April was a banner month, because I saw my favorite band, the Decemberists, in concert!  They don’t tour all that often and even more rarely come East, so it was a special treat.  The rest of the month was just as celebratory.  We marked Easter with a service at our church – joined by Aunt Rebecca – followed by egg-dyeing and a vegetarian feast with a Aunt Rebecca, Aunt Jenn and Uncle Robert, and Peanut’s very first friend (Jenn and Robert’s daughter).  Hiking was good, too – there was the Bluebell Loop Trail, naturally – a can’t-miss April tradition – a Mason Neck hike with Rebecca and her dog Brandy, and a muddy good time at Great Falls.

May saw more family fun – a visit from Grandma, who we don’t see nearly as much as we wish we did, and a Mother’s Day hike at Mason Neck.  We also started our garden for the year (dubbed “Squirrelbait”) – spoiler: this wasn’t the most successful year.  We visited Mount Vernon and petted the baby animals, and Peanut said lots of hilarious things.

June was a month of highs and lows.  We started with the highs – first a trip to Cornell for my fifteenth reunion.  How is it possible that so much time has gone by since graduation?  It was fun introducing the kids to the place where Steve and I fell in love.  After Cornell, we stayed upstate for a bit longer and swung by my parents’ house, where my brother Dan and his wife Danielle were visiting from Colorado.  We never get enough time with them, but we made the most of the few days we had – sailing on the Adirondack lake where my parents have a camp and hiking at Lake Minnewaska.  The end of the month brought great sadness, though – the sudden and unexpected loss of a beloved family member.  We’re still working through the grief that followed.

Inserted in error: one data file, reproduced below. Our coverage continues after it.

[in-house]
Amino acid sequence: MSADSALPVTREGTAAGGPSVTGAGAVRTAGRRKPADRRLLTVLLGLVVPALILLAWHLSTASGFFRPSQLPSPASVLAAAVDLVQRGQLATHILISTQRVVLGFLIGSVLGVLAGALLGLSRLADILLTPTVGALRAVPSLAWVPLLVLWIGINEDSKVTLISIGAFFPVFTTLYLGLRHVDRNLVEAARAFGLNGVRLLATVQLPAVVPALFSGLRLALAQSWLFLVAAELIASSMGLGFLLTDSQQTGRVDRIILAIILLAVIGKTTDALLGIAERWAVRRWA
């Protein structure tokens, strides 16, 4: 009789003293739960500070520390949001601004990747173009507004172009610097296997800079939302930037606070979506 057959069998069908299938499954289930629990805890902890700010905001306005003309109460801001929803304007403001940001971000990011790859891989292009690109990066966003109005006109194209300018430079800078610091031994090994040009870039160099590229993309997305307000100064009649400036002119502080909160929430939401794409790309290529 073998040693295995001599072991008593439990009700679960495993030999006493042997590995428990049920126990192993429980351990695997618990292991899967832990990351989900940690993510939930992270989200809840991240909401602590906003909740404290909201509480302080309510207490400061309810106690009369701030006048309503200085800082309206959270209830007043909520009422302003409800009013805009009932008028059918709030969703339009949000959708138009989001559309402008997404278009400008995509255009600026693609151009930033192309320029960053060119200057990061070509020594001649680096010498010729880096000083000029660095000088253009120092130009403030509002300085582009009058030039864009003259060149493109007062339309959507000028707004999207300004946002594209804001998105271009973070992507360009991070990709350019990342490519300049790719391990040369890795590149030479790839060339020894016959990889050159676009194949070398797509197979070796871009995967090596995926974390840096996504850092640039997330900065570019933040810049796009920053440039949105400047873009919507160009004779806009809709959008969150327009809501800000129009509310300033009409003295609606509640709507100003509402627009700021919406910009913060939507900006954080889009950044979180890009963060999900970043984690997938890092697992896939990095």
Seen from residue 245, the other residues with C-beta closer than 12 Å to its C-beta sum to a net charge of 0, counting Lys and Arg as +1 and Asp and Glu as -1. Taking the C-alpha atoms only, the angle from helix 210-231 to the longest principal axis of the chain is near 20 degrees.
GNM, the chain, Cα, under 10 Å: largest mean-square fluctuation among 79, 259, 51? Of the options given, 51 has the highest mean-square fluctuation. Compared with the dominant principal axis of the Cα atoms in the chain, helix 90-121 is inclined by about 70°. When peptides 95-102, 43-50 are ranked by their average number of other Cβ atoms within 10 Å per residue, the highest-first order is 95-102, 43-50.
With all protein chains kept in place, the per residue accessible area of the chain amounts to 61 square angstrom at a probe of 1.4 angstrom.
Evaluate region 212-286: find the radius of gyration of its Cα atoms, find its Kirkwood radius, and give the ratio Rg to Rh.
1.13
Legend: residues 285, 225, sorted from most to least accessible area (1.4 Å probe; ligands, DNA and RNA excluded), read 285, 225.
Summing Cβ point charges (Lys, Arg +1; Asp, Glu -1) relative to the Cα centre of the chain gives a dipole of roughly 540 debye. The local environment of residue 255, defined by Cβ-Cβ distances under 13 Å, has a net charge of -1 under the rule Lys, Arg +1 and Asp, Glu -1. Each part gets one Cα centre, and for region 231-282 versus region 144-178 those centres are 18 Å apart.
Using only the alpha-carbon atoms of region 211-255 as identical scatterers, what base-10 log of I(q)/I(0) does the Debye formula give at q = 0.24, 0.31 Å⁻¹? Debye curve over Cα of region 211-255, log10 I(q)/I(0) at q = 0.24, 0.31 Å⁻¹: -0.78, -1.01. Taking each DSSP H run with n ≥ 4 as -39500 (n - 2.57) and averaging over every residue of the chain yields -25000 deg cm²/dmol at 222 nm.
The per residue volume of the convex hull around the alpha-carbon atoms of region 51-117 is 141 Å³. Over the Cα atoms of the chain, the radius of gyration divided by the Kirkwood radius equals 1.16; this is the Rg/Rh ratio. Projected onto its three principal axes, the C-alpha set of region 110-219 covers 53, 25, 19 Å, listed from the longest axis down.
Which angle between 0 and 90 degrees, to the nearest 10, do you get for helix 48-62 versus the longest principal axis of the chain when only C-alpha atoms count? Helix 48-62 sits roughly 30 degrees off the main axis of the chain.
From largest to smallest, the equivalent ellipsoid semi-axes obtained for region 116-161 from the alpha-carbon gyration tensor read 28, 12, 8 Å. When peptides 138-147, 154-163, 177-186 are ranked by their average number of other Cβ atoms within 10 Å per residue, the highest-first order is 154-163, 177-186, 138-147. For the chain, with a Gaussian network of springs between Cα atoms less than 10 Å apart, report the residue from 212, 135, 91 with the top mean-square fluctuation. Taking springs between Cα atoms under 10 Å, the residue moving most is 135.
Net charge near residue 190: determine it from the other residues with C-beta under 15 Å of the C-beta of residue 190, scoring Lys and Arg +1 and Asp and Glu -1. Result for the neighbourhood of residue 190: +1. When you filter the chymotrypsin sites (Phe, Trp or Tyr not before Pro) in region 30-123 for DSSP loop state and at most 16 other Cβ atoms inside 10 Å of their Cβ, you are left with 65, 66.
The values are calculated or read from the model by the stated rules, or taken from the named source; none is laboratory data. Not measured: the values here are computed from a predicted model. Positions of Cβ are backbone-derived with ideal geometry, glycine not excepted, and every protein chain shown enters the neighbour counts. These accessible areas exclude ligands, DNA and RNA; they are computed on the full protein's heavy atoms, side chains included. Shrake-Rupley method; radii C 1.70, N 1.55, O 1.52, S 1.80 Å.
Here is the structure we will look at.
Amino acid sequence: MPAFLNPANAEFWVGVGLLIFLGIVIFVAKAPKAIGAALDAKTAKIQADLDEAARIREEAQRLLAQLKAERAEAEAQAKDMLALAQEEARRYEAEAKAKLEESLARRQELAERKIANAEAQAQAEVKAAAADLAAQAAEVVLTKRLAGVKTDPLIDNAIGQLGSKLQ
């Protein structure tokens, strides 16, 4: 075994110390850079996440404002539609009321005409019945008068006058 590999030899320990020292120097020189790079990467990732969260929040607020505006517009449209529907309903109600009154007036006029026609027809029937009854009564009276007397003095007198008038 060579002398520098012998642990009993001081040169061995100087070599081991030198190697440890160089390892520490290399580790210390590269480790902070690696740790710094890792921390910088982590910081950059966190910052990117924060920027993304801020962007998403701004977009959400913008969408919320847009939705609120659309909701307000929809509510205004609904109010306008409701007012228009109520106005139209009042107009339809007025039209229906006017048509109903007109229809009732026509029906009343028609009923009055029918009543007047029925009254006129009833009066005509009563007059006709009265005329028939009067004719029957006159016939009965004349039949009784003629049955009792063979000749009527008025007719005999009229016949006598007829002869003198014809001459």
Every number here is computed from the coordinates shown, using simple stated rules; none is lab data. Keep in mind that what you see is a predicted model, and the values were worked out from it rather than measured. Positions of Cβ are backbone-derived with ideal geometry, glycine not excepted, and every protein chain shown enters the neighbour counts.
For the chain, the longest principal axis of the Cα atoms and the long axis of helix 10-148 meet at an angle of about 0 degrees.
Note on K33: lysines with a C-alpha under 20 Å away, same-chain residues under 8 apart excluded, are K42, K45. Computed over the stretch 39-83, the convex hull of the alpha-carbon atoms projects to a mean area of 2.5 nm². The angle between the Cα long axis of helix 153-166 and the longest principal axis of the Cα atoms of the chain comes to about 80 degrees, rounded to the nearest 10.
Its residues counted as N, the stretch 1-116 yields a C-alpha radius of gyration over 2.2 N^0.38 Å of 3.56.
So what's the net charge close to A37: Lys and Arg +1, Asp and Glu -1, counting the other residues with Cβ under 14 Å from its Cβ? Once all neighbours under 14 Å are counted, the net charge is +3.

July was a sad month, while we grieved and tried to adjust to a new reality without someone we all loved in it.  We’d been planning to make a trip back up north to spend the Fourth of July with my parents, and we decided that we would keep those plans, because we wanted to be with family.  I didn’t recap most of the trip – too sad – but we made it to the lake again and my parents distracted us with an afternoon of hiking at Bash Bish Falls and dinner out in nearby Lenox, Massachusetts.  (Western Massachusetts is so lovely; I wish I got there more.)  We kind of drifted through the rest of the month; I don’t remember much of what we did, other than camp runs and play dates – and I finally learned to bake bread.  It didn’t occur to me at the time, but looking back I think that maybe my obsession with bread-baking this summer might have had something to do with needing an outlet and to do something with my hands when my heart was feeling so sad.

August was the month we reserved for our summer vacation, and we managed to have a pretty good time.  We drove back up to New York (three trips to the Empire State in three months!) and spent a week in the Adirondacks with my parents.  We got a cute Airbnb apartment right in downtown Lake Placid and used it as base camp for a week of hiking and water fun.  Steve and I climbed our fourth Adirondack high peak (Big Slide Mountain this time); the kids splashed and played at the Lake Placid beach, and we celebrated Peanut’s sixth birthday on the trail.